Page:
COVID-19 RETURN-TO-WORK POLICIES: Employer's Duty to Provide a Safe Workplace
As businesses prepare to welcome employees and visitors back into their workspace, it is important to have a Return-to-Work Policy that protects the health of individuals and guards against potential coronavirus-related litigation. Employers will want to illustrate they are providing a safe work environment while still following EEOC laws, which continue to apply during the COVID-19 pandemic.
Employers have a duty to furnish a place of employment “free from recognized hazards that are causing or are likely to cause death or serious physical harm” as required by Section 5(a)(1) of the Occupational Safety and Health (OSH) Act of 1970, 29 USC 654(a)(1). Walmart is already facing a wrongful death lawsuit for allegedly not screening employees for COVID-19, not providing protective equipment, not enforcing social distancing, and not properly cleaning the store at issue in the lawsuit. A thorough Return-to-Work Policy will address all of these areas to protect against similar allegations that an employee has contracted COVID-19 at their workplace due to their employer’s reckless disregard of CDC guidelines.
Monitoring the Workforce for COVID-19
The Trump administration’s “Guidelines for Opening Up America Again” recommend employers “[m]onitor workforce for indicative symptoms. Do not allow symptomatic people to physically return to work until cleared by a medical provider.” The guidelines, which are not legal mandates, specifically suggest employers consider temperature checks.
EEOC guidance states that because “the CDC and state/local health authorities have acknowledged community spread of COVID-19 and issued attendant precautions as of March 2020, employers may measure employees' body temperature. As with all medical information, the fact that an employee had a fever or other symptoms would be subject to ADA confidentiality requirements.” Temperature checks of employees are normally prohibited under the ADA in most cases. An employer may also utilize employee health questionnaires regarding COVID-19 at this time. If employers utilize these or other screening measures, the safest course of action is to compensate hourly employees for screening time.
An employer may not use information obtained from an employee medical examination or inquiry to discriminate against the employee and may want to keep this health information separate from an employee’s personnel file. Employers who are considering “right-sizing” staff or making pay adjustments should document their decision-making rationale in the event of ADA discrimination or pay equity claims.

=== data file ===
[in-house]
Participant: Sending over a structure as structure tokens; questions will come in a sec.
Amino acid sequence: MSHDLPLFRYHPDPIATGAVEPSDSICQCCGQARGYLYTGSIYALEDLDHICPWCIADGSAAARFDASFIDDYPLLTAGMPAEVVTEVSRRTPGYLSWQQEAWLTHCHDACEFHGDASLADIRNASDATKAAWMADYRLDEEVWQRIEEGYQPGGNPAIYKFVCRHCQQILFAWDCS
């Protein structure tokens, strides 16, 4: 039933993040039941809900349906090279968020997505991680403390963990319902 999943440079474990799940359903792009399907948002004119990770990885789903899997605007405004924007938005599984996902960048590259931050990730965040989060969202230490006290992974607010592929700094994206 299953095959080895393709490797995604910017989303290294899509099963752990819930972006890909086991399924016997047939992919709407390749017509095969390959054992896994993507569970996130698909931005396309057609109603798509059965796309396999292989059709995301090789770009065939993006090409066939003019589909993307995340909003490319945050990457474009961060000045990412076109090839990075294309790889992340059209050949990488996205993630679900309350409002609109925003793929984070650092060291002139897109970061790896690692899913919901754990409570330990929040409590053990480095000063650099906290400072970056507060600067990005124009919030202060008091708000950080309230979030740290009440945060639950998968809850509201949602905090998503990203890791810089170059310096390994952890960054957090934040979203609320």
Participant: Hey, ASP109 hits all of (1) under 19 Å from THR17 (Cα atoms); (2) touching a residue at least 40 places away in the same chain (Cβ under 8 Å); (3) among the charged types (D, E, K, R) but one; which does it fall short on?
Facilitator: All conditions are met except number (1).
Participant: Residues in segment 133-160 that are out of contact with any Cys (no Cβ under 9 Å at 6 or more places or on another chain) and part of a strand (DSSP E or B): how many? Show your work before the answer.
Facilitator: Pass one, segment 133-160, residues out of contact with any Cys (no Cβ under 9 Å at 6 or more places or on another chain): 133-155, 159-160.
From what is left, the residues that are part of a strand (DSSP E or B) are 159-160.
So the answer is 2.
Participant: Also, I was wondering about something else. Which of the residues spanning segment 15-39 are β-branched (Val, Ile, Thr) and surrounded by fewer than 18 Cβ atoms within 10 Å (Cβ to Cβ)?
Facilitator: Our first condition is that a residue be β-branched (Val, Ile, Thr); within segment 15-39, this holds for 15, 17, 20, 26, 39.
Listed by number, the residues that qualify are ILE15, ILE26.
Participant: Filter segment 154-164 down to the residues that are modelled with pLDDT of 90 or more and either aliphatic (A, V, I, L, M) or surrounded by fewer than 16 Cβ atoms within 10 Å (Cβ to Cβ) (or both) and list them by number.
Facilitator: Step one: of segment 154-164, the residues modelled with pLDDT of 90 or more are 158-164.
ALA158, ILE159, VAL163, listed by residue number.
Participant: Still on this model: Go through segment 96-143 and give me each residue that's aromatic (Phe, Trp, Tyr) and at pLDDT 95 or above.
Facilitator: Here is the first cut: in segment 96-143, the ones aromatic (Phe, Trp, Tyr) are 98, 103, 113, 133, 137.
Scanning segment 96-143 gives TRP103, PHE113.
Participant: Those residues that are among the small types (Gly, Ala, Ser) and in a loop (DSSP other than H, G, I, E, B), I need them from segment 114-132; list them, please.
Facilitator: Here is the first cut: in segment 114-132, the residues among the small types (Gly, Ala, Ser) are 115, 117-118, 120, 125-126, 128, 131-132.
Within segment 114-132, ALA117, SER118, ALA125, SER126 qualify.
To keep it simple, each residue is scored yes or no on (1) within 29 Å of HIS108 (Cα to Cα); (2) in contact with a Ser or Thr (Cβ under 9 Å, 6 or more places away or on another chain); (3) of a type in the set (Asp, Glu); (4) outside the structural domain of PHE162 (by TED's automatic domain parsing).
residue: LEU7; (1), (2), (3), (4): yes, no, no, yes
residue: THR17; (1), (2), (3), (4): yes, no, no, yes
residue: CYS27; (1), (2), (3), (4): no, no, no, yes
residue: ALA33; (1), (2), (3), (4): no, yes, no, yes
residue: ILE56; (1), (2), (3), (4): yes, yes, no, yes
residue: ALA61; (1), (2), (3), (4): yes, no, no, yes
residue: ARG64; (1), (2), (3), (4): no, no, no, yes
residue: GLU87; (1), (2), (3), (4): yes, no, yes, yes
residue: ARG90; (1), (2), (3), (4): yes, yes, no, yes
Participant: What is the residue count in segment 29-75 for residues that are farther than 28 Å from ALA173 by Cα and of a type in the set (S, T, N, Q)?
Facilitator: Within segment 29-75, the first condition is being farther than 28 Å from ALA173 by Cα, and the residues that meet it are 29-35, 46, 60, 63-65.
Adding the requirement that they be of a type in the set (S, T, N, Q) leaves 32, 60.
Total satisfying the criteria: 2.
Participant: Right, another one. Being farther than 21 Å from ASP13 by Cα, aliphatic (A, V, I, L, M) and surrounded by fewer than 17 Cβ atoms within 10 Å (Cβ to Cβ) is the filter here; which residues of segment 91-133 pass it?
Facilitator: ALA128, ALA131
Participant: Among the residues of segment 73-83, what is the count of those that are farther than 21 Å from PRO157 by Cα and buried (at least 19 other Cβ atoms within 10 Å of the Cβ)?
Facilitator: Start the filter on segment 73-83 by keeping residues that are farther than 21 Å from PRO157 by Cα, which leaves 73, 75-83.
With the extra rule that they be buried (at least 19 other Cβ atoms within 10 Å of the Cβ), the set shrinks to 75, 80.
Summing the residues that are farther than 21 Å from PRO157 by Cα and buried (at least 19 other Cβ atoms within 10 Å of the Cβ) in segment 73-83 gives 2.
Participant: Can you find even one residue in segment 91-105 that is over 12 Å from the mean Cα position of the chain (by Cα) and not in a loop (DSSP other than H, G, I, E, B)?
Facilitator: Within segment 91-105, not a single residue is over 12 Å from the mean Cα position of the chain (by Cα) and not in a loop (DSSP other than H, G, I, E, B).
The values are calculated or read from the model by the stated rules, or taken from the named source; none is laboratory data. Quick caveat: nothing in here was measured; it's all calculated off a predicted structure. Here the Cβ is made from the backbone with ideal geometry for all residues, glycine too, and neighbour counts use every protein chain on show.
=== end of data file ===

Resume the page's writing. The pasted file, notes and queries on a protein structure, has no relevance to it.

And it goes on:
Protective Equipment and Social Distancing
Many employers have questions about whether they should encourage or mandate that employees wear face masks, which the CDC now recommends be worn in public settings where other social distancing measures are difficult to maintain. The answer may vary by jurisdiction, and businesses should assign someone to stay abreast of state and local orders. In Louisiana, all employees of a business who have contact with the public must wear a mask or face covering, per the May 1 changes to the state Stay-at-Home order. Employers should note that OSHA has a PPE Standard that may apply to cloth face coverings as well as applying to gloves and other PPE, and an even higher Respiratory Protection Standard that applies to N95 masks (N95 masks should be reserved for healthcare workers at this time). Per OSHA, if an employer requires employees to wear a mask or other PPE, it must provide the equipment free-of-charge and provide training regarding use and care of it, as well as performing a hazard assessment and meeting other criteria. While OSHA has expressed it will exercise discretion in enforcement in light of the COVID-19 pandemic, employers must make a good faith effort to comply with OSHA standards.
Social distancing requirements should be a part of any Return-to-Work Policy to illustrate an employer is working to provide a safe workplace. Some social distancing tactics to consider include moving desks or work stations, closing break rooms and other common areas, staggering shifts or breaks, making hallways one-way, and of course limiting non-essential face-to-face meetings and unnecessary business travel. Installing plexiglass guards and social distancing floor decals are becoming increasingly common in retail settings. Employers should remind employees not to gather in groups at work and determine ahead of reopening if and how employees who are non-compliant with the Return-to-Work Policy will be disciplined.
The CDC has provided reopening guidance for cleaning and disinfecting businesses. If an infected person has visited or works at a business, the CDC states the business should close off the areas used by the person who is sick, but does not necessarily have to close. After waiting 24 hours the area should be cleaned and disinfected, at which point it can be open for use again. If it has been more than 7 days since the person with suspected/confirmed COVID-19 visited or used the facility, additional cleaning and disinfection is not necessary. While the phrase “deep cleaning” is frequently used in regard to COVID-19, it does not have a standard scientific meaning. However, more frequent cleaning and disinfection of high-touch areas should be a part of a Back-to-Work Plan during the pandemic.